Care for Frail Elders: Developing Community Solutions
Greenwood Publishing Group, 1992 - Medical - 300 pages
Leutz and his colleagues offer the most practice-oriented and realistic assessment of how chronically ill elders are being served at the community level. They analyze options and opportunities open to policy makers and practitioners relative to long-term care in the community environment where so many elders want to be. In the process, the authors evaluate the range of needs, the importance of gender and cultural differences, and the effectiveness of Medicare and Medicaid as entitlement strategies.
Community care constitutes a major gap in the nation's health-care system. The authors show that there are many persuasive reasons to build, staff, manage, and pay for high quality community-care systems. Such programs are demonstrated to be affordable and to meet better the needs of a large percentage of elders who require long-term care. The authors set forth goals for community-care systems and criteria for assessment. This timely analysis, coupled with practical, socially compelling recommendations, responds effectively to the realities of an aging population and the great public policy and related fiscal concerns.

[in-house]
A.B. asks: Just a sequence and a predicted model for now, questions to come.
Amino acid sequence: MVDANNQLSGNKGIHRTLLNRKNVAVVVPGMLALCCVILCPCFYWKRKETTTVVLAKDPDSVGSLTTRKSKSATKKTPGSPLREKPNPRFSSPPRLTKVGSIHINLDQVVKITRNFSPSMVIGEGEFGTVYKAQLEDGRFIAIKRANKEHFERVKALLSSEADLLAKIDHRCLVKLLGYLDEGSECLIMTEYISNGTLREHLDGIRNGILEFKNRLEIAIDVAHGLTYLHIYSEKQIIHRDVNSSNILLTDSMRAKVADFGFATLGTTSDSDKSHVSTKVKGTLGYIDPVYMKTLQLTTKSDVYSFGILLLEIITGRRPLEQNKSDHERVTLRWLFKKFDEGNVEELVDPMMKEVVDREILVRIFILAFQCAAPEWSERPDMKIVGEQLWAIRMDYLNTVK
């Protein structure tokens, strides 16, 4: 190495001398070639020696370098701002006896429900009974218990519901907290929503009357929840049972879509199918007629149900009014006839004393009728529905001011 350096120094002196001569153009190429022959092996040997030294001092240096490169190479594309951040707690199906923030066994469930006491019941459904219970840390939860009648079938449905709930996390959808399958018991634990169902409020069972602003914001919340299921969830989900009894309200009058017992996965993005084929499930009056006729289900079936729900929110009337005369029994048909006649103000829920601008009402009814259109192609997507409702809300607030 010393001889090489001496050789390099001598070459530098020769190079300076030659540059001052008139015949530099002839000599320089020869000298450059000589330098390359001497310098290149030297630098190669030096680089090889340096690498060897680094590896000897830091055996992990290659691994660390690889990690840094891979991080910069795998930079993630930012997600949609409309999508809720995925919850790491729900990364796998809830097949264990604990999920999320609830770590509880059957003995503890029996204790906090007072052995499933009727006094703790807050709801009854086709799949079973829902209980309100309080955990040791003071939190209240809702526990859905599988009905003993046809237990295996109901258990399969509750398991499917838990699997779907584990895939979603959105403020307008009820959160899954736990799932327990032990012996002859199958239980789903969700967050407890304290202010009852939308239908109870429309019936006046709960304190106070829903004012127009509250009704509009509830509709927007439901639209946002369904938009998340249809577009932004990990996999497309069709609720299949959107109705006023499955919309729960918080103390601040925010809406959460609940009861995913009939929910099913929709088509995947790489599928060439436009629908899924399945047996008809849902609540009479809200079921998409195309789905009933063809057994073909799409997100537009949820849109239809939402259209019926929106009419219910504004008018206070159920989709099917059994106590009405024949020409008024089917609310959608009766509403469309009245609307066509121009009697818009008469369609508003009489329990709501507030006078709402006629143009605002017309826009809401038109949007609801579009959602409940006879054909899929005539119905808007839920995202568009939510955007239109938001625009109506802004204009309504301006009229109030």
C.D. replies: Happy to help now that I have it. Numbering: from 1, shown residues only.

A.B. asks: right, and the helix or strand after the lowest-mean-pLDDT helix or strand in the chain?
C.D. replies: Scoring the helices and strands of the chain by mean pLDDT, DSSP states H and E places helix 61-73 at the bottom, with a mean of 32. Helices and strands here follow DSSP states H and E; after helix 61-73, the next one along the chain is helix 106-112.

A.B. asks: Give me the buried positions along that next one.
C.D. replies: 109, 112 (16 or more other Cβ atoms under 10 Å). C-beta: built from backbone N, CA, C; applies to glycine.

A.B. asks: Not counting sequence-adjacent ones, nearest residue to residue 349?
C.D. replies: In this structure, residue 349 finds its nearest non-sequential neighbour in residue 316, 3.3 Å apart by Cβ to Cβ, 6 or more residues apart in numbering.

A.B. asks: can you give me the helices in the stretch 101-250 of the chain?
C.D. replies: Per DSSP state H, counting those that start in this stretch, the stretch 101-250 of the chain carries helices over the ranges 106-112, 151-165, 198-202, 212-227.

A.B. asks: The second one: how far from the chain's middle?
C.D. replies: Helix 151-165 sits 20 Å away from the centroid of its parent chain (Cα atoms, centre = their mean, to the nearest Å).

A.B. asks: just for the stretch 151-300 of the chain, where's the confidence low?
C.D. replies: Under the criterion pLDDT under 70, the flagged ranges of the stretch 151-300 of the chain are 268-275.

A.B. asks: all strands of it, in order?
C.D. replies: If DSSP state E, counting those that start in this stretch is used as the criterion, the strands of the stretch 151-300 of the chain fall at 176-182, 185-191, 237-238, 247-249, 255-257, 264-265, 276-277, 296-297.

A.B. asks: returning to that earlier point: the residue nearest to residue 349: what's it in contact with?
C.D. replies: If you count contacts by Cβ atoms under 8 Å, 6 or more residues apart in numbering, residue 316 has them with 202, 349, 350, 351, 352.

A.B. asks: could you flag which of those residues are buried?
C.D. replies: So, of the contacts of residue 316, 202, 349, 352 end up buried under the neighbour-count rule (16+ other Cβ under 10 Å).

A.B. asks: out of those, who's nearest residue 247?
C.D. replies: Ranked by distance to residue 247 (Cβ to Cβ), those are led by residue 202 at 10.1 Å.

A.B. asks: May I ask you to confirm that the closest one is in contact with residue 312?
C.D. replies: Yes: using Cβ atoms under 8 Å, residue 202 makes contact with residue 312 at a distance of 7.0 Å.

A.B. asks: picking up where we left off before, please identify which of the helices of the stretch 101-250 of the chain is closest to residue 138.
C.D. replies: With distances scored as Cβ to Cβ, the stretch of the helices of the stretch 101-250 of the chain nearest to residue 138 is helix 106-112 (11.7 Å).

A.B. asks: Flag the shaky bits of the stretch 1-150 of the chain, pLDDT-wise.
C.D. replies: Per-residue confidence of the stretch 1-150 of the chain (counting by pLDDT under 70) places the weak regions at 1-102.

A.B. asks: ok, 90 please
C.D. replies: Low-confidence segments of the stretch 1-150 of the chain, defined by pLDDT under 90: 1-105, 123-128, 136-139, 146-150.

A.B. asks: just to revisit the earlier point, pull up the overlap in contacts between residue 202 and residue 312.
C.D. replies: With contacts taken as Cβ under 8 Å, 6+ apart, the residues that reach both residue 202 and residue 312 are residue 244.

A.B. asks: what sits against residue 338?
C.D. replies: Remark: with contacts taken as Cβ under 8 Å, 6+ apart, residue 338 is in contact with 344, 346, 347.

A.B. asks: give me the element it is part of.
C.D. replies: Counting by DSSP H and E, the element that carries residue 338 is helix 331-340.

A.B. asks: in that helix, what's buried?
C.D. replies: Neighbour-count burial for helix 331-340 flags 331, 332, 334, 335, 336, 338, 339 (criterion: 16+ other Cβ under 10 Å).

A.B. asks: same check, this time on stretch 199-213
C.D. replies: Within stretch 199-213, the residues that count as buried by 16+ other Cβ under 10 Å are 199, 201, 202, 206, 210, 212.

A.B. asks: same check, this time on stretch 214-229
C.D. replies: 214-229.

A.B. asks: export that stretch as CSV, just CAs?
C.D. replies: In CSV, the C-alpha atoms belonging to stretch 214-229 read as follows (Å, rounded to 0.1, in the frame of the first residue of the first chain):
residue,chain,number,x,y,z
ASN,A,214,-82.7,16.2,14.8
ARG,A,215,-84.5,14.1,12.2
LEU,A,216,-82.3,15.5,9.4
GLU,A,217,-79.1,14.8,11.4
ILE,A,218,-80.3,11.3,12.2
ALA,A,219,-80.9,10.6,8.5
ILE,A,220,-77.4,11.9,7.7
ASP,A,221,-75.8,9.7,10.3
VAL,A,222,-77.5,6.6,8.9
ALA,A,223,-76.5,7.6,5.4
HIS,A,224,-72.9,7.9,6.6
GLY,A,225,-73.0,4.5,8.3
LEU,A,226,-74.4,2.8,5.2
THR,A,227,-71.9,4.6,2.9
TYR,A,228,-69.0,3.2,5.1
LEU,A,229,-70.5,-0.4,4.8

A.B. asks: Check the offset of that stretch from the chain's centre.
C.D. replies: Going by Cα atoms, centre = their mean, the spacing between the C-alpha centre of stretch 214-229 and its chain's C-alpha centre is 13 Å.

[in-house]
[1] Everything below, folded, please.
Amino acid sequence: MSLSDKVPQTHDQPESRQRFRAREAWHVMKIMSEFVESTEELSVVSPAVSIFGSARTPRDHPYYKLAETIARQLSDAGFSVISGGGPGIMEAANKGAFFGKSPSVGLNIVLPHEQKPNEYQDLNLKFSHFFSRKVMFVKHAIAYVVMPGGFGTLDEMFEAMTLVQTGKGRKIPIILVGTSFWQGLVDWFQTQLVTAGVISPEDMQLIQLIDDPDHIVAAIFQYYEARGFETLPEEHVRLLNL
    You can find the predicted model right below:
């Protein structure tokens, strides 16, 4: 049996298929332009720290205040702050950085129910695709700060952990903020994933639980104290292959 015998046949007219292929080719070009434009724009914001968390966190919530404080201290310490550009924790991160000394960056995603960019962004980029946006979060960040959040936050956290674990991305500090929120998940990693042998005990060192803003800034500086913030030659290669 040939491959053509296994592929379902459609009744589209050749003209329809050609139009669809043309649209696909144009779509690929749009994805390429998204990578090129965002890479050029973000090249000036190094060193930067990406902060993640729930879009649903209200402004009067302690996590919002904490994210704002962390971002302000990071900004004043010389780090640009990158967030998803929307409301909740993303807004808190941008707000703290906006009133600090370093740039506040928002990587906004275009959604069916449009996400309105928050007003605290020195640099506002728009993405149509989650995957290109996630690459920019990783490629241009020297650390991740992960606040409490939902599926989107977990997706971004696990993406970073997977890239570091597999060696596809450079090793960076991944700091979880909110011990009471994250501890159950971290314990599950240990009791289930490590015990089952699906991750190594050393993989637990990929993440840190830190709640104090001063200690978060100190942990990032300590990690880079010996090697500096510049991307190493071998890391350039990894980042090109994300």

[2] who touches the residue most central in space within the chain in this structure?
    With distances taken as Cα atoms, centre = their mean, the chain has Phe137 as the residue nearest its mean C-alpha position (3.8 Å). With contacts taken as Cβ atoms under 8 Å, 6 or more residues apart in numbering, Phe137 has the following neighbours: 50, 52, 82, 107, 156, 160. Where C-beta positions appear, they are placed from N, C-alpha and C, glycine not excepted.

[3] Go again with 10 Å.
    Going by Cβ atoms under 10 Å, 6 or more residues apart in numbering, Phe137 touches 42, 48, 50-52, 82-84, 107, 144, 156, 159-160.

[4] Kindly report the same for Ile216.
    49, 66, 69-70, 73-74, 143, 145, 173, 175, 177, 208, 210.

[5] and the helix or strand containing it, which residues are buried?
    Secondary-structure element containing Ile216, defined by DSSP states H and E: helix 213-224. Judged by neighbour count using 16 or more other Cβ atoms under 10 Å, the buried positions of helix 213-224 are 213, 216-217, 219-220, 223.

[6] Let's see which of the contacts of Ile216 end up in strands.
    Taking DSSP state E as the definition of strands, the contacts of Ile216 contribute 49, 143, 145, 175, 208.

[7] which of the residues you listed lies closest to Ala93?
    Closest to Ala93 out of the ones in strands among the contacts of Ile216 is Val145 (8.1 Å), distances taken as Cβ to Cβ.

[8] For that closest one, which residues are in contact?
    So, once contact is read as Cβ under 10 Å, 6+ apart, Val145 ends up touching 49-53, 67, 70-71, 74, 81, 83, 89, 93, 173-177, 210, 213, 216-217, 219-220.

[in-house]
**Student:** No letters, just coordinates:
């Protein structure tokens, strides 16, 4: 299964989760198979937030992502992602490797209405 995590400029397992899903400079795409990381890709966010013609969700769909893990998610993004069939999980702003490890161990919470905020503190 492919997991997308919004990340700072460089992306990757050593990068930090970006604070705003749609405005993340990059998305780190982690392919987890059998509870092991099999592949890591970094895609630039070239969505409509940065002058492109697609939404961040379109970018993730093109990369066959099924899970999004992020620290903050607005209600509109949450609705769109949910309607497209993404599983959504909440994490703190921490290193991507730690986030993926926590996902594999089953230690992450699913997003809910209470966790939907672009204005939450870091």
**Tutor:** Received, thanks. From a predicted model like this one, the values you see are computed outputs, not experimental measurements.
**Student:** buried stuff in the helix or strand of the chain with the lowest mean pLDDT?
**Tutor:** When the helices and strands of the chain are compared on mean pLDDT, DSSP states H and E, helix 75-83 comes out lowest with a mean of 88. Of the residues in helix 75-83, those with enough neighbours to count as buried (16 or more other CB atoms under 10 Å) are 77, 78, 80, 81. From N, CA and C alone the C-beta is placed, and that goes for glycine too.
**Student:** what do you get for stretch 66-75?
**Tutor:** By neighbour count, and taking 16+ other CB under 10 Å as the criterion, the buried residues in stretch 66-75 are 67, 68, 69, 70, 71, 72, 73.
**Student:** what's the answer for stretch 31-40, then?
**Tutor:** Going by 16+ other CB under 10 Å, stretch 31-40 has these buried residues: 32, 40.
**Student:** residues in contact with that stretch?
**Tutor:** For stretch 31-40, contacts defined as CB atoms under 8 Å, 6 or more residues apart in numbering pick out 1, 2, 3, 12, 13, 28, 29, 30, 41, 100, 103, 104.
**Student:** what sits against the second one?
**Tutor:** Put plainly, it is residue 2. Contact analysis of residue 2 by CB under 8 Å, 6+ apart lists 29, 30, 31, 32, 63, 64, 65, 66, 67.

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What Is LongTerm Care and Who Needs It?
State Infrastructure for LongTerm Care Criteria for Adequacy
Understanding and Measuring Quality of Care
Practice and Design Variations in Community Care Management
HomeCare Personnel Issues The Hidden Challenge in Community Care
Aging Differently Issues of Gender and Race
Program Benefits and Costs What We Cover and How We Pay